The Oregon Forest Practices Act (FPA) is up for renewal in 2020. According to the State of Oregon, the FPA “sets standards for all commercial activities involving the establishment, management or harvesting of trees on Oregon’s forestlands.

Oregon law gives the Board of Forestry primary responsibility to interpret the FPA and set rules for forest practices.”

Assistant Professor Kevin Bladon has a vested interest in the FPA because of his work in and with harvesting in riparian areas. He says this practice is one of the reasons the act exists. “In the 1950s and 60s, before FPA, logging companies were harvesting next to streams, and a lot of sediment was ending up in the water.”

This had negative impacts on water sources, quality,  temperature and more. To prove this, scientists at the Oregon State College of Forestry conducted a study of the Alsea Watershed in the late 1950s and early 1960s.

For six years, scientists made pre-harvest measurements and observations. Next, over a two-year period, they observed harvest and the change that occurred in respect to the nearby streams. Bladon says the stream temperature rose from a standard 13.9 degrees Celsius to up to 29.4 degrees Celsius.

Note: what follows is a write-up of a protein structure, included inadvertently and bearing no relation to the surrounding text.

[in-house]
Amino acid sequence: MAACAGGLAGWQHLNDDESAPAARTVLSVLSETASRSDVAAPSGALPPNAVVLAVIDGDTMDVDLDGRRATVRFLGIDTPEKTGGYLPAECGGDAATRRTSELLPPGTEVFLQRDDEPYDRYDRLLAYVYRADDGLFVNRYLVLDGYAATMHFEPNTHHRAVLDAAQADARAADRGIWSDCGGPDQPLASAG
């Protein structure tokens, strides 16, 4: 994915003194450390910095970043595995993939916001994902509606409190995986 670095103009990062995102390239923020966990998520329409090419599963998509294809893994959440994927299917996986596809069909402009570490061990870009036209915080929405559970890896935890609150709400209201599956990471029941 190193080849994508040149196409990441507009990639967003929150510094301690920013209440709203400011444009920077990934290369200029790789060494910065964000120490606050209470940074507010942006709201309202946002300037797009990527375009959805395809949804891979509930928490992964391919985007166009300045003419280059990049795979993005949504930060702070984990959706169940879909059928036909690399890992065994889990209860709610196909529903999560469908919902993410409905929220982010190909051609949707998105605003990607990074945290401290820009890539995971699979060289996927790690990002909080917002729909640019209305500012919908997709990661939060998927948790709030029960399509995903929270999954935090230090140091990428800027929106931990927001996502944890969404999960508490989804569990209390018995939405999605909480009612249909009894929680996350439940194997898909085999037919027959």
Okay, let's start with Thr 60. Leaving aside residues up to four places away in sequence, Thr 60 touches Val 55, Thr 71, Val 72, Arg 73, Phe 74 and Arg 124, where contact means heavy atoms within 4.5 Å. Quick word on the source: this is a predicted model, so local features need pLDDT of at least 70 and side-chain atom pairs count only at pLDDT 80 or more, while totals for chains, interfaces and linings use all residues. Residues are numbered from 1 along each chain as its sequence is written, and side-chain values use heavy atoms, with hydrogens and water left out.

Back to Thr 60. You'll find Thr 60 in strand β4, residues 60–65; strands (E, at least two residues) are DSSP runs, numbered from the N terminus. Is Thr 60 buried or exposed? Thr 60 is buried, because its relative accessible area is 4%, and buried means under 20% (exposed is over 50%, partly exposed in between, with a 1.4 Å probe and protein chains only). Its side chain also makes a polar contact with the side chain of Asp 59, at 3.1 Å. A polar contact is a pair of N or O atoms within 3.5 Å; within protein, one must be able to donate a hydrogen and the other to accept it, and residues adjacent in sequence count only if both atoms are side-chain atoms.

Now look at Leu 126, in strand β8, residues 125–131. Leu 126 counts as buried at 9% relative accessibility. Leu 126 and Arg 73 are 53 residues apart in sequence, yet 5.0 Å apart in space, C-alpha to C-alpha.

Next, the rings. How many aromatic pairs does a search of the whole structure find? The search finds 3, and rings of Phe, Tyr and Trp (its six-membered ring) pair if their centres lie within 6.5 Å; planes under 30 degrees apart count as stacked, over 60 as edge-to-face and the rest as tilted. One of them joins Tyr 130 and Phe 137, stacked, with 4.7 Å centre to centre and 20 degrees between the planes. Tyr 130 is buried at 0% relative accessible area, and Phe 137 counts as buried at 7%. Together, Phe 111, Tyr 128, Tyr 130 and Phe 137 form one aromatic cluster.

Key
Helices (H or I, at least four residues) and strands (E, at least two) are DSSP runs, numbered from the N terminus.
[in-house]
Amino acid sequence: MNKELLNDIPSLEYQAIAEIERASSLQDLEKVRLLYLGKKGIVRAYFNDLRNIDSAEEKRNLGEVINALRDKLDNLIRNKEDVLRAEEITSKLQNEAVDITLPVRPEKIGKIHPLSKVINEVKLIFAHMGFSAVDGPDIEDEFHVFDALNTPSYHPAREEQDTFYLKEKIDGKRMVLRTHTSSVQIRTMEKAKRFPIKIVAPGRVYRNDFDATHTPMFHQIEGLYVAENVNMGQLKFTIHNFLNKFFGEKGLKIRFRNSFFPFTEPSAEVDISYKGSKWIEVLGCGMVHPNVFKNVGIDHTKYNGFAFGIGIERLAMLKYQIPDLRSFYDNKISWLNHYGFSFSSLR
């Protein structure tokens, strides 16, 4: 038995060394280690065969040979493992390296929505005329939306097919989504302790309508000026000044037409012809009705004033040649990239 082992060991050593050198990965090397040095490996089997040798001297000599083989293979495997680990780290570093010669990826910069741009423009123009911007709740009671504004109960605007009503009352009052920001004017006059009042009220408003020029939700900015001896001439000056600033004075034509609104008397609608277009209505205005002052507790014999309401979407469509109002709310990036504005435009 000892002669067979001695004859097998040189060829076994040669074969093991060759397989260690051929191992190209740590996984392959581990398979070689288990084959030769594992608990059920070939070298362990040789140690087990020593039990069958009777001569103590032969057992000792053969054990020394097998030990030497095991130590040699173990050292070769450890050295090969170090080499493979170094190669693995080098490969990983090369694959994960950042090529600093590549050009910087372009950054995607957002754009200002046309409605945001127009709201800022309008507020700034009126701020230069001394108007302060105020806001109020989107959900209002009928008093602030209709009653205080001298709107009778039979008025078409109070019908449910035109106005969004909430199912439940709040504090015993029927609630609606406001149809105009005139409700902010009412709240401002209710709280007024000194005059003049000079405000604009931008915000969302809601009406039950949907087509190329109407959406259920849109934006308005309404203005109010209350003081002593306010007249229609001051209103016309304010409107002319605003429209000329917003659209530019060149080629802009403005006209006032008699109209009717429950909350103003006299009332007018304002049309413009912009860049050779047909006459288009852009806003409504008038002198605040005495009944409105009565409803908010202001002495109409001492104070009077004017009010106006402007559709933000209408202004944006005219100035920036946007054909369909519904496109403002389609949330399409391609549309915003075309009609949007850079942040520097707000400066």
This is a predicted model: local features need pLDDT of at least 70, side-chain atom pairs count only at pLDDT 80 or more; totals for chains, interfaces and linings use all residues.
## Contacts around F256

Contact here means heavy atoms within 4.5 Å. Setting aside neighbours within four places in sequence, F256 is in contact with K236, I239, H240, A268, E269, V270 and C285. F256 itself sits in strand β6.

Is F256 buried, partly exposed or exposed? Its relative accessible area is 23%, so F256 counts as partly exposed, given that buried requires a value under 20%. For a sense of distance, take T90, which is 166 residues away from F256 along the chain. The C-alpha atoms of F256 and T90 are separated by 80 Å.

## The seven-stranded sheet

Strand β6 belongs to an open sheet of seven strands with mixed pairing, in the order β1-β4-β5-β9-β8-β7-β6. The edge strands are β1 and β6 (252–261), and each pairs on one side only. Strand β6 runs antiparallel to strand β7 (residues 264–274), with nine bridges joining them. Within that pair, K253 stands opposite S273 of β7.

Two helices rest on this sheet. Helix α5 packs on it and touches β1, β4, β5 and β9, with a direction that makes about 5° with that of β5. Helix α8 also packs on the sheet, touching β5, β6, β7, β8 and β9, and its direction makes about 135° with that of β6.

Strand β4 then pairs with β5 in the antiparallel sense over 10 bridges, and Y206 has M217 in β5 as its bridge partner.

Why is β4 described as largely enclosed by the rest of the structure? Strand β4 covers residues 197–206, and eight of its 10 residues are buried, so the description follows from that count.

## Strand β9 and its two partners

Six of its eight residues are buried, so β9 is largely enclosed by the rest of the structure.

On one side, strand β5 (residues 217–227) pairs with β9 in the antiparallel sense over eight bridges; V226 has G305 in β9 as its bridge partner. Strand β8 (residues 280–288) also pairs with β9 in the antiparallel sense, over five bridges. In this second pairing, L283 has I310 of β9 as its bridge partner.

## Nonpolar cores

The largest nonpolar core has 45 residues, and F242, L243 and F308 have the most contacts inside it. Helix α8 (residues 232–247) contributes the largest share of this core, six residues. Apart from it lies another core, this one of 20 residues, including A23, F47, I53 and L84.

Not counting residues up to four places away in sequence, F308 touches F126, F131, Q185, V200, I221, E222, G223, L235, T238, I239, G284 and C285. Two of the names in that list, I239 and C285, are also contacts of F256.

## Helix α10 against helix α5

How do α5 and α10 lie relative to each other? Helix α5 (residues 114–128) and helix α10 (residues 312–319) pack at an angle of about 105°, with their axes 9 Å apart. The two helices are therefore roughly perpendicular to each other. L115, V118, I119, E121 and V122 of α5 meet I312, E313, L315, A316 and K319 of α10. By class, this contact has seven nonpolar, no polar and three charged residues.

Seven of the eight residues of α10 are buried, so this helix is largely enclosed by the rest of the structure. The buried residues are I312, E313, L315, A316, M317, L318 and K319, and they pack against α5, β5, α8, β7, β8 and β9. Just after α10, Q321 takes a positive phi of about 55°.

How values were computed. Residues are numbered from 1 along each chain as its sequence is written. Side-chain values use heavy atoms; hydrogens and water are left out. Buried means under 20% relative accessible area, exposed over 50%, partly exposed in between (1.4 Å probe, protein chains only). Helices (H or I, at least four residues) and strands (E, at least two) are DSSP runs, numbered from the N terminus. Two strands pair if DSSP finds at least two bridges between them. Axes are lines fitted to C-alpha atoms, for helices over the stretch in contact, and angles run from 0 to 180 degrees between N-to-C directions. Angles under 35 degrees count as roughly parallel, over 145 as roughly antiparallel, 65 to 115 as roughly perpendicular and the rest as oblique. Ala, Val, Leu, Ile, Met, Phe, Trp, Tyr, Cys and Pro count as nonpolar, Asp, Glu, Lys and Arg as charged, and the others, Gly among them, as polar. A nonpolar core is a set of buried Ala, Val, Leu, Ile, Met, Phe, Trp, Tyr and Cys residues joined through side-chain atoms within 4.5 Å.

“That’s more than double the original temperature,” Bladon says. “That has major impacts on fish habitat and the laying and survival of eggs. There was also increased sediment. None of the results were good, and all of this information was built into FPA.”

FPA passed in 1971. Major amendments were made in 1992 with added water and geographic classifications.

“It’s cool to look back on that time and the regulations that have been developed and know this study happened just down the road from us,” Bladon says.

He had a chance to return to the Alsea Watershed when it was harvested again in 2009 and 2015 to conduct a one-of-a-kind study. Work like this will influence FPA and other policy decisions in Oregon and beyond.

“Going back to the same watersheds, it’s clear the FPA had a positive impact,” Bladon says. “We were able to show that based on the stream temperature and amount of sediment, FPA regulations are appropriate and working well for the landscape.”

A version of this story appeared in the spring 2019 issue of Focus on Forestry, the alumni magazine of the Oregon State University College of Forestry. Learn more about college research here

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